The Underground Railroad By Frederick Douglass Essay

The Underground Railroad By Frederick Douglass Essay

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The Underground Railroad was an extremely complex organization whose mission was to free slaves from southern states in the mid-19th century. It was a collaborative organization comprised of white homeowners, freed blacks, captive slaves, or anyone else who would help. This vast network was fragile because it was entirely dependent on the absolute discretion of everyone involved. A slave was the legal property of his owner, so attempting escape or aiding a fugitive slave was illegal and dangerous, for both the slave and the abolitionist. In The Narrative of the Life of Frederick Douglass, Frederick Douglass understands that he can only reveal so many details about his escape from servitude, saying, “I deeply regret the necessity that impels me to suppress any thing of importance connected with my experience in slavery” (Douglass 88). Douglass agrees with the significance of maintaining secrecy, so as not to threaten the mission of abolitionists, those involved in the Underground Railroad, and the hope of freedom for his brothers who were still enslaved.
The Underground Railroad encompassed a large part of 19th century United States, transporting slaves through slave states into Northern free states and Canada. It was successful in freeing an estimated 30,000 to 100,000 “passengers”, according to Nicholas Maurice Young in his Essay “Even Superheroes Need a Network: Harriet Tubman and the Rise of Insurgency in the New York State Underground Railroad” (Young 399). It was lead by abolitionist Harriet Tubman, who escaped slavery herself in 1849. (Info from Harriet Tubman Biography)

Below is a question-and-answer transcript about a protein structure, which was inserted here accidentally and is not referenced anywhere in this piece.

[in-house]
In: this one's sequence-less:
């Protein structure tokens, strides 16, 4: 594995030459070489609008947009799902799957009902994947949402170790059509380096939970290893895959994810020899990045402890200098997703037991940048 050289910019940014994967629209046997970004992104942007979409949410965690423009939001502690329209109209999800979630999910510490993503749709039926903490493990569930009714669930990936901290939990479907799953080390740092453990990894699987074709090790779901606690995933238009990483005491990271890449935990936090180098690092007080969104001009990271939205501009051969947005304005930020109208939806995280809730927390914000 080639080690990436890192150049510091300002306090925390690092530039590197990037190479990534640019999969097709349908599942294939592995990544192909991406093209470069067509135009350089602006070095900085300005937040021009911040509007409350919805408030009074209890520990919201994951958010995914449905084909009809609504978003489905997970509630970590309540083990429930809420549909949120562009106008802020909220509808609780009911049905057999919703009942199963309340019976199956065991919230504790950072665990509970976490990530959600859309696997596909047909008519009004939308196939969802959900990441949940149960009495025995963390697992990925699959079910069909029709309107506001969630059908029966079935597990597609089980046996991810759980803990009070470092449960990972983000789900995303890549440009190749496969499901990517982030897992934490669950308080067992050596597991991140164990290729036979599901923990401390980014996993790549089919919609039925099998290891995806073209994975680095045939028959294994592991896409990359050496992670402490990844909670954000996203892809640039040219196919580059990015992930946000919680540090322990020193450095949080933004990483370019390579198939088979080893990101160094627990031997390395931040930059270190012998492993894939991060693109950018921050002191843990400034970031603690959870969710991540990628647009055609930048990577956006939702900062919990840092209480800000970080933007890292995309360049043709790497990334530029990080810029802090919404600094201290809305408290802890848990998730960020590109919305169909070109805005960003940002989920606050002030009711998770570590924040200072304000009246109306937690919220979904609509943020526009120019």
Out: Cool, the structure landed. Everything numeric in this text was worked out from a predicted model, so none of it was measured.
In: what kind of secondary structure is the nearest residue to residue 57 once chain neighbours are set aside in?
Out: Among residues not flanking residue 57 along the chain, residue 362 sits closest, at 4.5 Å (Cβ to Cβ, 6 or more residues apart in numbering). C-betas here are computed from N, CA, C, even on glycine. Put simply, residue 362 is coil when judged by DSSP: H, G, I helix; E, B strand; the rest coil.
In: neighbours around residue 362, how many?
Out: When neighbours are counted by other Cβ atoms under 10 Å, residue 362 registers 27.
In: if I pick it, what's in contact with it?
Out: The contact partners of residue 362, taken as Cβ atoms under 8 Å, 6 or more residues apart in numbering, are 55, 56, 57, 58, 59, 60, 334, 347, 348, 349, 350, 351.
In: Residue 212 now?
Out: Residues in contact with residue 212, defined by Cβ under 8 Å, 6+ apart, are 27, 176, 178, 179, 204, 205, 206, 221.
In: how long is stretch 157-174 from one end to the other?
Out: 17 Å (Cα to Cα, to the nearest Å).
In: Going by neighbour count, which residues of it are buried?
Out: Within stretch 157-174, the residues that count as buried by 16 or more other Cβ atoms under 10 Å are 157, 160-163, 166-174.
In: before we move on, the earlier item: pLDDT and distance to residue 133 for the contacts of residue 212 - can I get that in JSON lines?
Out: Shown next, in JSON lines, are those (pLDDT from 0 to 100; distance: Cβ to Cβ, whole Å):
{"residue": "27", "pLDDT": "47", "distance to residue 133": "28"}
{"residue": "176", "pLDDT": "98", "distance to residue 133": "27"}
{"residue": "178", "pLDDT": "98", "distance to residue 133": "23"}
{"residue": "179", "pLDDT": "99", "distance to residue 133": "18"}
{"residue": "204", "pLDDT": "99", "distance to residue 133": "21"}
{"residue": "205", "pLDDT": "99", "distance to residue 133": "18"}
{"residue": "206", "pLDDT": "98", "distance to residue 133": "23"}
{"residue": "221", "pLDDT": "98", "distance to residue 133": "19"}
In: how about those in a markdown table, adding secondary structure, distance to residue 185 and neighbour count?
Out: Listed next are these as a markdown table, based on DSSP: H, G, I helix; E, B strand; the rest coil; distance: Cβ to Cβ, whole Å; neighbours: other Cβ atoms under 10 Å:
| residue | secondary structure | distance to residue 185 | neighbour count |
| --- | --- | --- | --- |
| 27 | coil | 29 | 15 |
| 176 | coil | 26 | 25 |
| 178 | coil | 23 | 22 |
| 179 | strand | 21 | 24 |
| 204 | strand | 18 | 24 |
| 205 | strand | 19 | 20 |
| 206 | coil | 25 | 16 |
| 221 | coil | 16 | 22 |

Harriet Tubman held the same view as Frederick Douglass on the necessity of caution and discretion. As a key contributor to the Underground Railroad, “Her ...

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...railroad’s success and that any detail could drail the movement completely.Without a full understanding, it may seem that The Narrative of the Life of Frederick Douglass is fragmented and vague. But after further research, the undetailed writing style tells an even deeper story of the time in which it was written. Douglass’ novel is now read as a classic piece of educational, historical literature, but it was originally written for a different audience. Contemporary readers were abolitionists, slaves and blacks who had achieved freedom, but just the same it was read by slave owners, supporters of slavery, and those in charge of tracking down fugitive slaves. Apart from the narrative, Douglass’s undescriptive writing style paints an even clearer picture for readers of the caution that freed slaves, abolitionists, and members of the Underground Railroad had to exercise.

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